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Former Carillion finance chief hit with 11-year director ban


Former Carillion finance chief faces 11-year director ban

Zafar Khan, the former finance chief of the collapsed construction company Carillion, has been banned from serving as a director for a duration of 11 years.

Carillion faced a debt of £7 billion and subsequently collapsed in January 2018, leaving several unfinished projects, including the Midland Metropolitan Hospital in Sandwell, and causing significant job losses.

The ban imposed on Mr. Khan, who held the finance director position in the Wolverhampton-based company for only eight months, is the first action taken against any former Carillion executive under the Company Director Disqualification Act.

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The Insolvency Service stated Mr. Khan caused Carillion to rely on misleading financial information when preparing the company’s annual accounts for 2016, which breached accounting standards.

These actions led to the misrepresentation of profits concerning five major construction contracts, including the Smethwick Hospital, Royal Liverpool University Hospital, and Battersea Power Station.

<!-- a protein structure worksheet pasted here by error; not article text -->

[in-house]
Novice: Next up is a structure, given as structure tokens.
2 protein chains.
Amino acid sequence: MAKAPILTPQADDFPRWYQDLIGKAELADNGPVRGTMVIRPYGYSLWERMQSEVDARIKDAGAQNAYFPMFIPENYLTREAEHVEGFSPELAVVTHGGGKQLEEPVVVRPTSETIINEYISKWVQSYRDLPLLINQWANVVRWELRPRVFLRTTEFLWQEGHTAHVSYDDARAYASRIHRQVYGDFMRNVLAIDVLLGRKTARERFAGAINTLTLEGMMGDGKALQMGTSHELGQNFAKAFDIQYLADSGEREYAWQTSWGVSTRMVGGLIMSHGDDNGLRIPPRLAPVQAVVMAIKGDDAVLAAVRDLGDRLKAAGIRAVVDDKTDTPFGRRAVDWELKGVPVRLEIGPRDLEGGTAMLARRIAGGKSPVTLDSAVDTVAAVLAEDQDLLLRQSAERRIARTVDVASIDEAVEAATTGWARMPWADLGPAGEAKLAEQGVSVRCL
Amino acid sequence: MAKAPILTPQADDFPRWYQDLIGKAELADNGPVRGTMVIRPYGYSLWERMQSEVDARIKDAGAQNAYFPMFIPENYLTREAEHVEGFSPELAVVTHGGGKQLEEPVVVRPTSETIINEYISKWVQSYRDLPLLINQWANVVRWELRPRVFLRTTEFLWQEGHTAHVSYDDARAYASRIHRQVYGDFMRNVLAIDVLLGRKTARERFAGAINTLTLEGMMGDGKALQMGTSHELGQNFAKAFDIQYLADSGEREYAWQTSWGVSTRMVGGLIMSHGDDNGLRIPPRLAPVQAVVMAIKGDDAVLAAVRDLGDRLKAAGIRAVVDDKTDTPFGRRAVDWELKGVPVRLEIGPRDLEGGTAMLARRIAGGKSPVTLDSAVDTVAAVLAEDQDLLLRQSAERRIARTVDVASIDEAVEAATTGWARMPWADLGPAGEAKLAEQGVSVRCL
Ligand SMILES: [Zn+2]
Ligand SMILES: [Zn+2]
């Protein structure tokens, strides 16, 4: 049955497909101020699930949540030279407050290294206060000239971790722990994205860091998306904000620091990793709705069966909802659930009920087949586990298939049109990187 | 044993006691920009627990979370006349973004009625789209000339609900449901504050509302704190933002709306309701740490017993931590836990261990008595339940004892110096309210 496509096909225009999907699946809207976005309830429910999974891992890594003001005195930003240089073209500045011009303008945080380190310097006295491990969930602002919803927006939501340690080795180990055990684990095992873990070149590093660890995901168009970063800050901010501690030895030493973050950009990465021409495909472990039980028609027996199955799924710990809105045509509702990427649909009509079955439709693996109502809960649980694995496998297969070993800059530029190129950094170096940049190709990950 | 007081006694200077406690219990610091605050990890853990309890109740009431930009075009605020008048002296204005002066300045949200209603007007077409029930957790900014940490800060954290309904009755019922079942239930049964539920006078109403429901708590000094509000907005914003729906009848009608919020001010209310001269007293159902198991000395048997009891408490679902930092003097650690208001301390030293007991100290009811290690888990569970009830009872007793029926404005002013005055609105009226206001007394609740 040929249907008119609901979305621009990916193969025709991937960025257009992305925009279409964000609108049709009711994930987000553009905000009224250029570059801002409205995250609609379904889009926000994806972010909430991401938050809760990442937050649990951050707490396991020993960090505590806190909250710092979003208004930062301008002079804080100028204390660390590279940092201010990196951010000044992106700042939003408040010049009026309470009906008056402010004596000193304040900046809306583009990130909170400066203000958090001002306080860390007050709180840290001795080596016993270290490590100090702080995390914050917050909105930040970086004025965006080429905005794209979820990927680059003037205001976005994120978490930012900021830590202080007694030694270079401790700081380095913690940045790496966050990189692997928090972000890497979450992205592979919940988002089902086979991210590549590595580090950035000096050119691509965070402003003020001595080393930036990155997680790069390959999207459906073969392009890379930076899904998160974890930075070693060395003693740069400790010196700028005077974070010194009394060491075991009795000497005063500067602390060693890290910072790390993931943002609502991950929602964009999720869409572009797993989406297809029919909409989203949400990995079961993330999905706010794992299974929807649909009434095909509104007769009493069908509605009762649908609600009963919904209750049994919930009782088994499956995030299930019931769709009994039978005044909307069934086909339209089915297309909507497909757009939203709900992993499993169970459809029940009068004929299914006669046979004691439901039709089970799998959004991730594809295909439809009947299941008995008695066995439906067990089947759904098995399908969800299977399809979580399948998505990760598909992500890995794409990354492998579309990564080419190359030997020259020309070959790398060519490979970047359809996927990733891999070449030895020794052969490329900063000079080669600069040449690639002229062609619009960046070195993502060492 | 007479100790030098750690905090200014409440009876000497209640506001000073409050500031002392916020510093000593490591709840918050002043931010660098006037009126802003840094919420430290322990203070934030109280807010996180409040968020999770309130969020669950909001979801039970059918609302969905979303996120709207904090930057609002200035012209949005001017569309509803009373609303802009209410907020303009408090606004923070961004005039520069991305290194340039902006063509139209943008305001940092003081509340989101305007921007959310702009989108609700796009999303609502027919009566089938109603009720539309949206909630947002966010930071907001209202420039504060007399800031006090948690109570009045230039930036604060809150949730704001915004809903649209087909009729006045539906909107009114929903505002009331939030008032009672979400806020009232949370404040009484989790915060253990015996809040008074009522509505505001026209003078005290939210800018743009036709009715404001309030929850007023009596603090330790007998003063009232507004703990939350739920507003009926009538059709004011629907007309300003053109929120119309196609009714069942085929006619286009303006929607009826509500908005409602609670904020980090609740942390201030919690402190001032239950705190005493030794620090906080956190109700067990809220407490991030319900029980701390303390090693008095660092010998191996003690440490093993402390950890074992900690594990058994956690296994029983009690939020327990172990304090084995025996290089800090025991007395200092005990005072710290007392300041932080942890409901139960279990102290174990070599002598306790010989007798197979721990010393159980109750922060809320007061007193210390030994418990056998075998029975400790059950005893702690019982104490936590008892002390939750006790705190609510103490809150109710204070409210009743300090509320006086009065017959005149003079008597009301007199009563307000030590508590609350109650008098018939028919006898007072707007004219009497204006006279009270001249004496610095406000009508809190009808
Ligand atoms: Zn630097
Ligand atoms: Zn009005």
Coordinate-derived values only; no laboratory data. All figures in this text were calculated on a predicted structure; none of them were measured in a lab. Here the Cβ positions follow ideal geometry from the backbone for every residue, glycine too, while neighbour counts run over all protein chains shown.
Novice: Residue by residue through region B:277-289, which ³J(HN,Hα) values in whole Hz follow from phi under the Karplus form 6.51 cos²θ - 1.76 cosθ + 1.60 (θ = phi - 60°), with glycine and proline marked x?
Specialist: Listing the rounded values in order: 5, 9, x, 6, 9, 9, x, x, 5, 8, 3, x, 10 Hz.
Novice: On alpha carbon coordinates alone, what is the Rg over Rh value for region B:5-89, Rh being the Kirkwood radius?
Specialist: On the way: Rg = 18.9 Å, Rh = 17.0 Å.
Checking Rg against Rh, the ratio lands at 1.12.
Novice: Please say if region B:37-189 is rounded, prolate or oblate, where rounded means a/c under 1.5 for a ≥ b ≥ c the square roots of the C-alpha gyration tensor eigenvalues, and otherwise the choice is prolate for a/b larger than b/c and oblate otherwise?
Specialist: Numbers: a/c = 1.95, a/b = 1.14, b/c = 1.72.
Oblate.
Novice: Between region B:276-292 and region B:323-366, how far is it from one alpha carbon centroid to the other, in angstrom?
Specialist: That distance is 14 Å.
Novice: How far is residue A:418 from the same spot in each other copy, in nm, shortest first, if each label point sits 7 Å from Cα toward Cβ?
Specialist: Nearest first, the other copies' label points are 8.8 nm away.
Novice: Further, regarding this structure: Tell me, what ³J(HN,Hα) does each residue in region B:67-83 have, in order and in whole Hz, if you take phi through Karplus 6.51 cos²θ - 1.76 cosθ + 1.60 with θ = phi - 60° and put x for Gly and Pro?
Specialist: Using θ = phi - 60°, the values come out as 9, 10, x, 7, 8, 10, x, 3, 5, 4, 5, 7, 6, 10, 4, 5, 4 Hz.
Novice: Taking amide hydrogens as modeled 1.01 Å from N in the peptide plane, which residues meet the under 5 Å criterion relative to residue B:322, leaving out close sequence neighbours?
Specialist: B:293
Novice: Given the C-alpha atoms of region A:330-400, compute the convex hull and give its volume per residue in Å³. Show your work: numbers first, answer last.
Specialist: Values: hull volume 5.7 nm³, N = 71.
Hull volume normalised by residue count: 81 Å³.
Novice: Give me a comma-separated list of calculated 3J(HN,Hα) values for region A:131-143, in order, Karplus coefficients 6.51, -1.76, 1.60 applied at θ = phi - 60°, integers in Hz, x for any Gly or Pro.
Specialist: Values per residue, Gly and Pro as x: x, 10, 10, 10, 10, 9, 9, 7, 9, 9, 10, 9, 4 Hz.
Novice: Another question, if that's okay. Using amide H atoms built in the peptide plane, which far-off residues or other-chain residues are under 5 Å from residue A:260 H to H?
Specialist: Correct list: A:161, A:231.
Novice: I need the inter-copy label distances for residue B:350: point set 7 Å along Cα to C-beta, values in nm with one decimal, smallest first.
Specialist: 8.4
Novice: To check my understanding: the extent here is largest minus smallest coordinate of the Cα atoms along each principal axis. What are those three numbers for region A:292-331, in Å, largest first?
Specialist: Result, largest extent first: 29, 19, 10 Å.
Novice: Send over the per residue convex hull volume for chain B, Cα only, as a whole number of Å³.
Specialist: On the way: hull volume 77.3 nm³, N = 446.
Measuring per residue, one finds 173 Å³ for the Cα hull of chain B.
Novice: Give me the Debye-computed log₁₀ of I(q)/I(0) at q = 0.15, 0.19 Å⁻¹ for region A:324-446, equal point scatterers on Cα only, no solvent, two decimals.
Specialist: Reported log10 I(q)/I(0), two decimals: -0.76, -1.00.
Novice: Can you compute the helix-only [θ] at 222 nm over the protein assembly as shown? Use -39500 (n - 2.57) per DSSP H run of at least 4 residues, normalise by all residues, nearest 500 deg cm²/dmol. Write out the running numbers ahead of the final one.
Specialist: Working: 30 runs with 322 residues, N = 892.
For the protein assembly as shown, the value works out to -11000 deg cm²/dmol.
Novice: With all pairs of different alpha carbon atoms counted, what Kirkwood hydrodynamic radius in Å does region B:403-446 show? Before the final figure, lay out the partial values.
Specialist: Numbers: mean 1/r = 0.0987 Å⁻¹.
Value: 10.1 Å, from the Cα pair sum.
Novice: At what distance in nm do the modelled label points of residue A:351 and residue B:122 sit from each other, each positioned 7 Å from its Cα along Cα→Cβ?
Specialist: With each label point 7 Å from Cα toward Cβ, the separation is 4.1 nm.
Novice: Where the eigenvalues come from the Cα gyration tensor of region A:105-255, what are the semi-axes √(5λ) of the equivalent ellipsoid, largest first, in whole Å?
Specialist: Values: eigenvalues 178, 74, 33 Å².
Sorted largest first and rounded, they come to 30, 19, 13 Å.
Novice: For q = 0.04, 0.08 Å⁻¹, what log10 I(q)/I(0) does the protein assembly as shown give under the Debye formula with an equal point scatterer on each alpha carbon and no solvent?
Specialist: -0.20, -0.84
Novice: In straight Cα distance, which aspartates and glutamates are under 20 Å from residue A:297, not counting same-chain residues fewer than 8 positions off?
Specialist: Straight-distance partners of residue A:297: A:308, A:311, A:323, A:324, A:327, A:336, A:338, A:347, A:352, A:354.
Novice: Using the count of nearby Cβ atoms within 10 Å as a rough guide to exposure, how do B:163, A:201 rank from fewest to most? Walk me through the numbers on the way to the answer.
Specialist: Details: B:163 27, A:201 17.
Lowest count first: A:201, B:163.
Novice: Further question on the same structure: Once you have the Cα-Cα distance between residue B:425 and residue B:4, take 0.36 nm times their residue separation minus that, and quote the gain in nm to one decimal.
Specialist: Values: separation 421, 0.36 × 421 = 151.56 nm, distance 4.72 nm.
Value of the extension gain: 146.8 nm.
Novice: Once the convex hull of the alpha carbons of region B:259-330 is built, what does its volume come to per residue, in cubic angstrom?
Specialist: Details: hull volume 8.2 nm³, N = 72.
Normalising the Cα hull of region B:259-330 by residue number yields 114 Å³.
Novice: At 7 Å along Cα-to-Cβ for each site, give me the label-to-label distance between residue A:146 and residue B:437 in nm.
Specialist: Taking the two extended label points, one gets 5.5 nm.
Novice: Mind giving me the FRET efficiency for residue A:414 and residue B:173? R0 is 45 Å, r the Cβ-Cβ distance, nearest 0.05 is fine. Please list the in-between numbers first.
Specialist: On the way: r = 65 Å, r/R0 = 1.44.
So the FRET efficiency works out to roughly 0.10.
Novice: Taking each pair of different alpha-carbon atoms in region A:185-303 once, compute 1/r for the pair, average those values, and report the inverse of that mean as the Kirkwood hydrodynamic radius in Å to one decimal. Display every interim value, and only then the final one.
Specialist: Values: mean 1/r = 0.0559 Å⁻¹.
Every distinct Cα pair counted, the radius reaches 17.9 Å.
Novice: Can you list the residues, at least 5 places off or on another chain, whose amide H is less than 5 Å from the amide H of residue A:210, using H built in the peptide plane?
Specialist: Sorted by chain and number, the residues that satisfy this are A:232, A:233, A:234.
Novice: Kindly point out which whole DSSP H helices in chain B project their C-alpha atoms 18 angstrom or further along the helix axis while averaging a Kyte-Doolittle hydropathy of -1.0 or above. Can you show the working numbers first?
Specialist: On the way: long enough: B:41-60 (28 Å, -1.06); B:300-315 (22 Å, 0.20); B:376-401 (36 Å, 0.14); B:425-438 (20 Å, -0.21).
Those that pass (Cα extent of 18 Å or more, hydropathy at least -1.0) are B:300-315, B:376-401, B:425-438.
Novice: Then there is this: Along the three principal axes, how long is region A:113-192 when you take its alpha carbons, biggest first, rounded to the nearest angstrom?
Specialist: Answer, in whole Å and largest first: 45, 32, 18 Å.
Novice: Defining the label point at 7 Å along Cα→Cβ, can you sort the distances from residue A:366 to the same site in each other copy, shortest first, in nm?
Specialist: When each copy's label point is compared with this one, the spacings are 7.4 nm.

The Insolvency Service said Mr. Khan made misleading market announcements in March and May 2017, distorting the true financial performance, position, and prospects of the listed company.

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The service also stated that Mr. Khan authorized Carillion to pay a final dividend of £54.4 million in 2016, which was not justifiable based on the full-year results and was beyond the company’s reasonable affordability.

An Insolvency Service spokesperson said: “The Insolvency Service, acting on behalf of The Secretary of State for Business and Trade, has accepted a disqualification undertaking from Zafar Khan for 11 years for his conduct as a director of Carillion.

“As the litigation against the remaining directors is ongoing, with a trial set to commence the week of October 16, 2023, the Insolvency Service is unable to comment any further.”

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In the previous year, Mr. Khan, along with chief executive Richard Howson and another finance director Richard Adam, were collectively fined nearly £1 million for issuing misleading statements about Carillion’s finances to investors.

Mr. Khan stated he decided it was in the best interest of his family to conclude the process and provide an undertaking not to act as a director.

He said:  “I want to emphasise that, when I took on the role, I was aware the group faced significant commercial challenges and I devoted all my energies to overcoming these,”.

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“I believe I acted at all times in the best interests of the company. I regret that I was not able to make a big enough difference in the short time I was in post.”

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